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Gallstones: Causes, Symptoms and Treatment Options.

The gallbladder is a small pouch-like organ found underneath the liver. Its main purpose is to store and concentrate bile. Bile is a liquid produced by the liver to help digest fats. It’s passed from the liver into the gallbladder through a series of channels known as bile ducts.

Gallstones are hard, pebble-like pieces of material, usually made of cholesterol or bilirubin, that develop in the gallbladder. When gallstones block your bile ducts, they can cause sudden pain, which means you need medical attention right away.

Causes of Gallstones

Gallstones are thought to develop because of an imbalance in the chemical make-up of bile inside the gallbladder. In most cases the levels of cholesterol in bile become too high and the excess cholesterol forms into stones.

  • A greater amount of cholesterol or bilirubin in bile.
  • Hormones or medications that result in decreased emptying of the gallbladder.
  • Obesity.
  • Inactive lifestyle.
  • Being female.
  • Being over 40 years old.
  • Diabetes.
  • Liver disease.
  • Family history of gallstones.

Symptoms of Gallstones

Gallstones often have no symptoms. But if a gallstone becomes trapped in an opening (duct) inside the gallbladder, it can trigger a sudden, intense pain in your tummy that usually lasts between 1 and 5 hours. This type of abdominal pain is known as biliary colic.

Some people with gallstones can also develop complications, such as inflammation of the gallbladder (cholecystitis).

This can cause:

  • Pain in the upper mid abdomen or upper right abdomen.
  • Associated pain in the right shoulder.
  • Chest pain.
  • Nausea and vomiting.
  • Repeated similar episodes.
  • Yellowing of the skin and eyes (jaundice)
  • A high temperature

Diagnosis

Your Doctor at Westminster Ortho Med Clinic, Dubai may use Perform:

  • Taking Medical history
  • Physical examination
  • Lab and imaging tests to diagnose and find gallstones.
  • Blood tests can show signs of infection or inflammation of the bile ducts, gallbladder, pancreas, or liver.

Treatment

Silent stones are not treated and should be left alone. Most people who have gallstones are in this category.If you have symptoms, such as pain, you will probably need to be treated.

The most common treatment for gallstones is to remove the gallbladder surgically. Removal of the gallbladder is called a cholecystectomy. In the majority of cases (90%), this surgery can be performed laparoscopically, a minimally invasive technique that results in less post-operative pain and a faster recovery than conventional cholecystectomy.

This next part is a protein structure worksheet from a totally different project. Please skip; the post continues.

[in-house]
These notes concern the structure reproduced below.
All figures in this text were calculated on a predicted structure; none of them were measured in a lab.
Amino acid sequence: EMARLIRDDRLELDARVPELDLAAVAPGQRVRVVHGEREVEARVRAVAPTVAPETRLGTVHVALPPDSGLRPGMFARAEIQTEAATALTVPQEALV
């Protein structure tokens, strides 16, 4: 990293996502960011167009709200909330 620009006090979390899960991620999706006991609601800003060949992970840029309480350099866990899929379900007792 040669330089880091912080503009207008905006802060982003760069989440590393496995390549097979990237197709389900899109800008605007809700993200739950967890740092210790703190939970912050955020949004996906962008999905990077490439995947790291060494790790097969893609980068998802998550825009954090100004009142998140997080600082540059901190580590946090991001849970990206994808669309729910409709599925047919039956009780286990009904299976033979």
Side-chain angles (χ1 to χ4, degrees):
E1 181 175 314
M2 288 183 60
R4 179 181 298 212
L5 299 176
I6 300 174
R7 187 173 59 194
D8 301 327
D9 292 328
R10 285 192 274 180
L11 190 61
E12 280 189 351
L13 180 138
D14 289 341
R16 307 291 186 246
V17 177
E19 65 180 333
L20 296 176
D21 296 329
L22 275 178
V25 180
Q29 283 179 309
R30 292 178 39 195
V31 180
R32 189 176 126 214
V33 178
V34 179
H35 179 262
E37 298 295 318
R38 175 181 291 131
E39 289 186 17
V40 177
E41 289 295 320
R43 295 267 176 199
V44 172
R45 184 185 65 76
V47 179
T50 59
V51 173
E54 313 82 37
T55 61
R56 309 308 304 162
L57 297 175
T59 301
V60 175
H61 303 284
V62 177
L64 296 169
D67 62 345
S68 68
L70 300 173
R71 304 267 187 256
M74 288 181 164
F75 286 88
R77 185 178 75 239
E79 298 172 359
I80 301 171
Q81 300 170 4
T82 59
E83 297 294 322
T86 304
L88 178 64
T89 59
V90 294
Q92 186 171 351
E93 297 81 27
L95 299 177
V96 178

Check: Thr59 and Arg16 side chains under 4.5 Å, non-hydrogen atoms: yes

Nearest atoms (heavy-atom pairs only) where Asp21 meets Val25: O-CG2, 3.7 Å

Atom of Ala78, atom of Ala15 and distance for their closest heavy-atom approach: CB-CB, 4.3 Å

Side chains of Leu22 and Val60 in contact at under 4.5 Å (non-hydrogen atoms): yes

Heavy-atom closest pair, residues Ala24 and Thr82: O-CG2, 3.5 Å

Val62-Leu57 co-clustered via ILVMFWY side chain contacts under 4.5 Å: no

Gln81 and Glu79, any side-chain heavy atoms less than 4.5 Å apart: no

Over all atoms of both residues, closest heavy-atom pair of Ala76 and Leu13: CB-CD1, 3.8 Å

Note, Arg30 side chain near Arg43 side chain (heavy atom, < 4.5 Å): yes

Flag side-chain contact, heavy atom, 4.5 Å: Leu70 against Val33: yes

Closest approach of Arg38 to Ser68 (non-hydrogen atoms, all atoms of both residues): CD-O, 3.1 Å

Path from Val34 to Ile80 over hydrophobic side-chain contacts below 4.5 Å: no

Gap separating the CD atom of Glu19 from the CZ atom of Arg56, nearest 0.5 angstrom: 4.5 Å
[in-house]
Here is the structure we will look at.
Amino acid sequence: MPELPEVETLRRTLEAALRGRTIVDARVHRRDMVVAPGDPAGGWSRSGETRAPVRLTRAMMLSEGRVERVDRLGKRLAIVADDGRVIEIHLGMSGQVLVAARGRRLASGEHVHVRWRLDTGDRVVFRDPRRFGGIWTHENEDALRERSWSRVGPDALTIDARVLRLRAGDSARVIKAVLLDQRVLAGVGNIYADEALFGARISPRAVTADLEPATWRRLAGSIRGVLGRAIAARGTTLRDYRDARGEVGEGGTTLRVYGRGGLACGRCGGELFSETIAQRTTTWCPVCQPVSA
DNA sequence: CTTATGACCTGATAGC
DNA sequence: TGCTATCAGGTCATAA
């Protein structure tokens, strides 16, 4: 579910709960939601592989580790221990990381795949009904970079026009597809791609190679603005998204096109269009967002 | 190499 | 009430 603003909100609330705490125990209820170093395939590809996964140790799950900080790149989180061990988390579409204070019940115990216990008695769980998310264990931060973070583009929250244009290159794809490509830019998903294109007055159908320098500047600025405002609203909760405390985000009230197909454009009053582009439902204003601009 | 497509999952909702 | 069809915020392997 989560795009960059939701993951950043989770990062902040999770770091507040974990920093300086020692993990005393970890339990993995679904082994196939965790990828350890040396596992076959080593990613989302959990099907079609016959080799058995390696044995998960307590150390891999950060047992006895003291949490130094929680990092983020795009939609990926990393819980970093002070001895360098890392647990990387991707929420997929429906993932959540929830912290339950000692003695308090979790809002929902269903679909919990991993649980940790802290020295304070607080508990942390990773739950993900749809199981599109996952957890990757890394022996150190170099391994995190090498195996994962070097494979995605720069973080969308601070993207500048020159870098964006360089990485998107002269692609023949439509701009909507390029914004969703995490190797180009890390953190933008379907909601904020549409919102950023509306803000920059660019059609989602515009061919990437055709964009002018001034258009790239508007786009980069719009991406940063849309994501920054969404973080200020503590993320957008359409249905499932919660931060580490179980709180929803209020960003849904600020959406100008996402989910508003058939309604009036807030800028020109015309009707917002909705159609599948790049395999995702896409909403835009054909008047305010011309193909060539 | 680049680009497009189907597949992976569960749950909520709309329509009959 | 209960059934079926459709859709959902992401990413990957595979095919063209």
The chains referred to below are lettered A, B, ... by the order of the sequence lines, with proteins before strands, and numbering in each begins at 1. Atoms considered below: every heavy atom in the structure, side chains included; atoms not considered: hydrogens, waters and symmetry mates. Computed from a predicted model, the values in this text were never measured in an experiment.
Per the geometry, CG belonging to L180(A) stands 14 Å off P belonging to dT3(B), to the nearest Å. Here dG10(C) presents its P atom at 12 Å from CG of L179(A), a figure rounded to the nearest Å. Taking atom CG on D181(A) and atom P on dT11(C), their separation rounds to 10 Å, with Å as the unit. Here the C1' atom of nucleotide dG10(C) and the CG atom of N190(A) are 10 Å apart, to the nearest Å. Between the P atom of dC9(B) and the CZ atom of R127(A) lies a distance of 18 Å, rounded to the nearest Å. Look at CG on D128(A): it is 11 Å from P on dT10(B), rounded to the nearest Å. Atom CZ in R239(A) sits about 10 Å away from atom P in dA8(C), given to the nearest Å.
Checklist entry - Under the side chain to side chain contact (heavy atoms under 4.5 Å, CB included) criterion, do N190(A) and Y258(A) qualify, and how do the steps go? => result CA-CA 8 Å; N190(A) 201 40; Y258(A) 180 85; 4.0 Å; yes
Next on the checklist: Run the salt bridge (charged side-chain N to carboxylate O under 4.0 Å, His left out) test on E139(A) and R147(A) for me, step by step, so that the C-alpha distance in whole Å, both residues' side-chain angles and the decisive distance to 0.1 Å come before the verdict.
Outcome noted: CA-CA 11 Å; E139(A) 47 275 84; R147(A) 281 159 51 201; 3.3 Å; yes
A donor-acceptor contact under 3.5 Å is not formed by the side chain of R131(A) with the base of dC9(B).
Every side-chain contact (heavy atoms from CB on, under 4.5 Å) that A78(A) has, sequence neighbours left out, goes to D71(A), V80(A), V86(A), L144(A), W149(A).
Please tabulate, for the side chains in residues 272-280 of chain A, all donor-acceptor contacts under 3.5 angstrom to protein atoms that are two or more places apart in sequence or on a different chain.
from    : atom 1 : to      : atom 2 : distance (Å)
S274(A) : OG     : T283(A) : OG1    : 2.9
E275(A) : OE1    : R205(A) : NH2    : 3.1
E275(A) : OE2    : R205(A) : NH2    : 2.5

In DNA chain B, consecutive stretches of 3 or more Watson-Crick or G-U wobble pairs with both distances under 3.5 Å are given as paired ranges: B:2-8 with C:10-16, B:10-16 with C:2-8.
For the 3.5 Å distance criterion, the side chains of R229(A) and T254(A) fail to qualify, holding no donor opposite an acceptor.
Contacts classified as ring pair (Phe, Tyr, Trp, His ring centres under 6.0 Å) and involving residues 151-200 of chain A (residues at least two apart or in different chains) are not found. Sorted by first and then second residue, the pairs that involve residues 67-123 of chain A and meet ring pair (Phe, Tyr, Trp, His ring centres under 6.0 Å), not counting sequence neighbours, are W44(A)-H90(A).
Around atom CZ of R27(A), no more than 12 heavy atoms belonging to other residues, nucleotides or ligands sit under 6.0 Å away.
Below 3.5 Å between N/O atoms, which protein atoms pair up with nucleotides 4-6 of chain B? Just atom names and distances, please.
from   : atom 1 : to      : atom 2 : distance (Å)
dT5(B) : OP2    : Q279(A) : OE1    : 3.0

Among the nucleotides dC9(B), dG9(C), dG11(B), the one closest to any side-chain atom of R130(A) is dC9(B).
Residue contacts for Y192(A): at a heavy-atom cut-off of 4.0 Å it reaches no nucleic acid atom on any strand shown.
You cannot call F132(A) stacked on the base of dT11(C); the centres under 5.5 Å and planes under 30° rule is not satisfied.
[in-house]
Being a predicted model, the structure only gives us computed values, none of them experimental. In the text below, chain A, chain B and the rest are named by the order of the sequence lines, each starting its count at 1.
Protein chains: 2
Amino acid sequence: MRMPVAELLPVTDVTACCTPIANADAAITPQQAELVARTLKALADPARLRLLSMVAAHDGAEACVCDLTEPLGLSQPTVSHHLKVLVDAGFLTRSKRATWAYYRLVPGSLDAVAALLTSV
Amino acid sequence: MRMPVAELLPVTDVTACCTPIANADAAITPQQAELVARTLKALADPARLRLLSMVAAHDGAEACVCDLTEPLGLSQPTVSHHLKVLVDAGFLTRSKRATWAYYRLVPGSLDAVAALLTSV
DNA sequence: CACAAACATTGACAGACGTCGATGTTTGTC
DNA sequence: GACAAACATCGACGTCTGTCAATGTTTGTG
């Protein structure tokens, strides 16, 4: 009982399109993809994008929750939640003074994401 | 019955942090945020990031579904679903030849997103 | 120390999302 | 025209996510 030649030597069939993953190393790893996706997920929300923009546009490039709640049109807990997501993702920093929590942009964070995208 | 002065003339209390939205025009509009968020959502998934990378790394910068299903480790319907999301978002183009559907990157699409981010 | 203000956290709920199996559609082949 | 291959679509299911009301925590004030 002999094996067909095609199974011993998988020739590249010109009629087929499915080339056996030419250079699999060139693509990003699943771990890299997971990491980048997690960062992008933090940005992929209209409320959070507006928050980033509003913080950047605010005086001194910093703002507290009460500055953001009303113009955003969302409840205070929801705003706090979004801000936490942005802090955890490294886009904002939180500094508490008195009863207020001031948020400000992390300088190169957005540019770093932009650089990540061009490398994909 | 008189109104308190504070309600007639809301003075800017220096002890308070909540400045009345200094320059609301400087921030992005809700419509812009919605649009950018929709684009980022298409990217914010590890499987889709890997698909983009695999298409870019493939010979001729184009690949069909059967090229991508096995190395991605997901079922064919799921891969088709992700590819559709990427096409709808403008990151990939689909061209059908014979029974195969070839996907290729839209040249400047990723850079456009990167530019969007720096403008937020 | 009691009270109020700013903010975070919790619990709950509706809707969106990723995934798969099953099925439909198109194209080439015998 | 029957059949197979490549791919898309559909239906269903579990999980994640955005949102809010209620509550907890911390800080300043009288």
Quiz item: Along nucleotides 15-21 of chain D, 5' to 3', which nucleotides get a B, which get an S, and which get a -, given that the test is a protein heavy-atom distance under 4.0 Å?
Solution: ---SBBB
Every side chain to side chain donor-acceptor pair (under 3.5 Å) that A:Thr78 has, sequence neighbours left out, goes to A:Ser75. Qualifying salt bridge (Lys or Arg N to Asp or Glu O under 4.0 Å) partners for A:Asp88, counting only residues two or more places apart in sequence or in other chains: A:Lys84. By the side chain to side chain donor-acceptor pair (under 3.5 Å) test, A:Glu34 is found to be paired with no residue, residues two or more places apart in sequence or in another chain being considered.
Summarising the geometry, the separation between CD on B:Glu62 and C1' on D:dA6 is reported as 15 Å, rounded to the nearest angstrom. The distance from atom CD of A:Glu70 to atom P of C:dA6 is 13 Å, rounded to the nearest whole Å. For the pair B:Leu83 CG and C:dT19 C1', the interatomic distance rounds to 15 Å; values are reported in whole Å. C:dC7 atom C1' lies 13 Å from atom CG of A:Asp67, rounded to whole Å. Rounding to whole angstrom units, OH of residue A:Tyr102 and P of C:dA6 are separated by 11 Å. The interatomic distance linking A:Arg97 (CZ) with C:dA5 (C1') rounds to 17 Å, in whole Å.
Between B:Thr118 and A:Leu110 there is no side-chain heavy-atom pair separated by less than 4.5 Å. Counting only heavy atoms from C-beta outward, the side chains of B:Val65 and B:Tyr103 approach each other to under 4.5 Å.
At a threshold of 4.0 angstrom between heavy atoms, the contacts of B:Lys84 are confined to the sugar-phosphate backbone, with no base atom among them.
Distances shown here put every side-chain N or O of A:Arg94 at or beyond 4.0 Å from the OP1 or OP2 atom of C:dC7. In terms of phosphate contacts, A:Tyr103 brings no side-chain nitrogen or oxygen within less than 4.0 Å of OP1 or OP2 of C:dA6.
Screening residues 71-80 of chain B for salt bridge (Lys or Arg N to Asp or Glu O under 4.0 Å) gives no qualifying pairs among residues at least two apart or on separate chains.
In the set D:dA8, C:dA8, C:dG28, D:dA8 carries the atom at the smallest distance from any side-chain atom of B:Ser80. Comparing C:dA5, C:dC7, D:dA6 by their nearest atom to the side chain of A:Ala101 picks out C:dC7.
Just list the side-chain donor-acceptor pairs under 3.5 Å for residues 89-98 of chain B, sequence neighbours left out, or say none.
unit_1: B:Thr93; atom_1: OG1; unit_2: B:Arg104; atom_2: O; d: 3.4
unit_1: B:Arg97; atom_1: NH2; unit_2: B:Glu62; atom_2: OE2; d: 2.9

Gallstones that are found in the bile ducts may need to be removed even if there are no symptoms. This procedure is commonly done with the endoscopic retrograde cholangiopancreatography (ERCP) procedure.

Laparoscopic Cholecystectomy

Laparoscopic cholecystectomy is known as a minimally invasive procedure because it uses several small incisions instead of one large one. A laparoscope is a narrow tube with a camera. This surgical tool is inserted through one incision. The camera allows your doctor to see your gallbladder on a TV screen. Your gallbladder is then removed through another small incision.

Endoscopic Retrograde Cholangiopancreatography (ERCP) Procedure

An endoscopic retrograde cholangiopancreatography (ERCP) procedure is another minimally invasive option for removing gallstones. The endoscope is a tube-like tool. Your doctor will need to move it throughout your digestive system during the treatment. The path the endoscope travels is:

  • In the mouth.
  • Down the throat.
  • Through the stomach.
  • Into the duodenum (beginning of the small intestine) where the common bile duct empties its bile.

Once there, the endoscope is used to remove any blockages in the bile duct.

Non-surgical treatments for gallstones

In most cases where gallstones need treatment, your healthcare provider will use a minimally invasive technique to remove the stone.

There are medications that can be used to dissolve the stones. However, as minimally invasive methods have advanced, these drugs haven’t been used as often. Dissolving medications can take months—or possibly even years—to get rid of the gallstones.

By contrast, a procedure resolves the issue quickly. Using these medications to treat gallstones could be an option if you are unable to have surgery because of another condition. Talk to your doctor about all treatment options and which one is the best fit for you.

Foods to avoid if you have had gallstones in the past

Many gallstones are formed from cholesterol. Though you cannot prevent gallstones, you can try and limit the amount of fatty foods in your diet. Several tips for limiting cholesterol in your diet include:

  • Eating less meat.
  • Adding fish.
  • Limiting the amount of fried foods.
  • Adding more whole grains.
  • Choosing low-fat dairy products (cheese, milk).
  • Adding fresh vegetables and fruit.

Should you require additional information or would like to make an appointment with our Consultant General surgeon, Dr. Majid Bassuni ,please call us or e-mail us at info@westminsterclinic.ae

Reference:

  • American Gastroenterological Association
  • nhs.uk
  • National Institute of Diabetes and Digestive and Kidney Diseases
  • Clevelandclinic.org

Disclaimer: All contents on this site are for general information and in no circumstances information be substituted for professional advice from the relevant healthcare professional, Writer does not take responsibility of any damage done by the misuse or use of the information.

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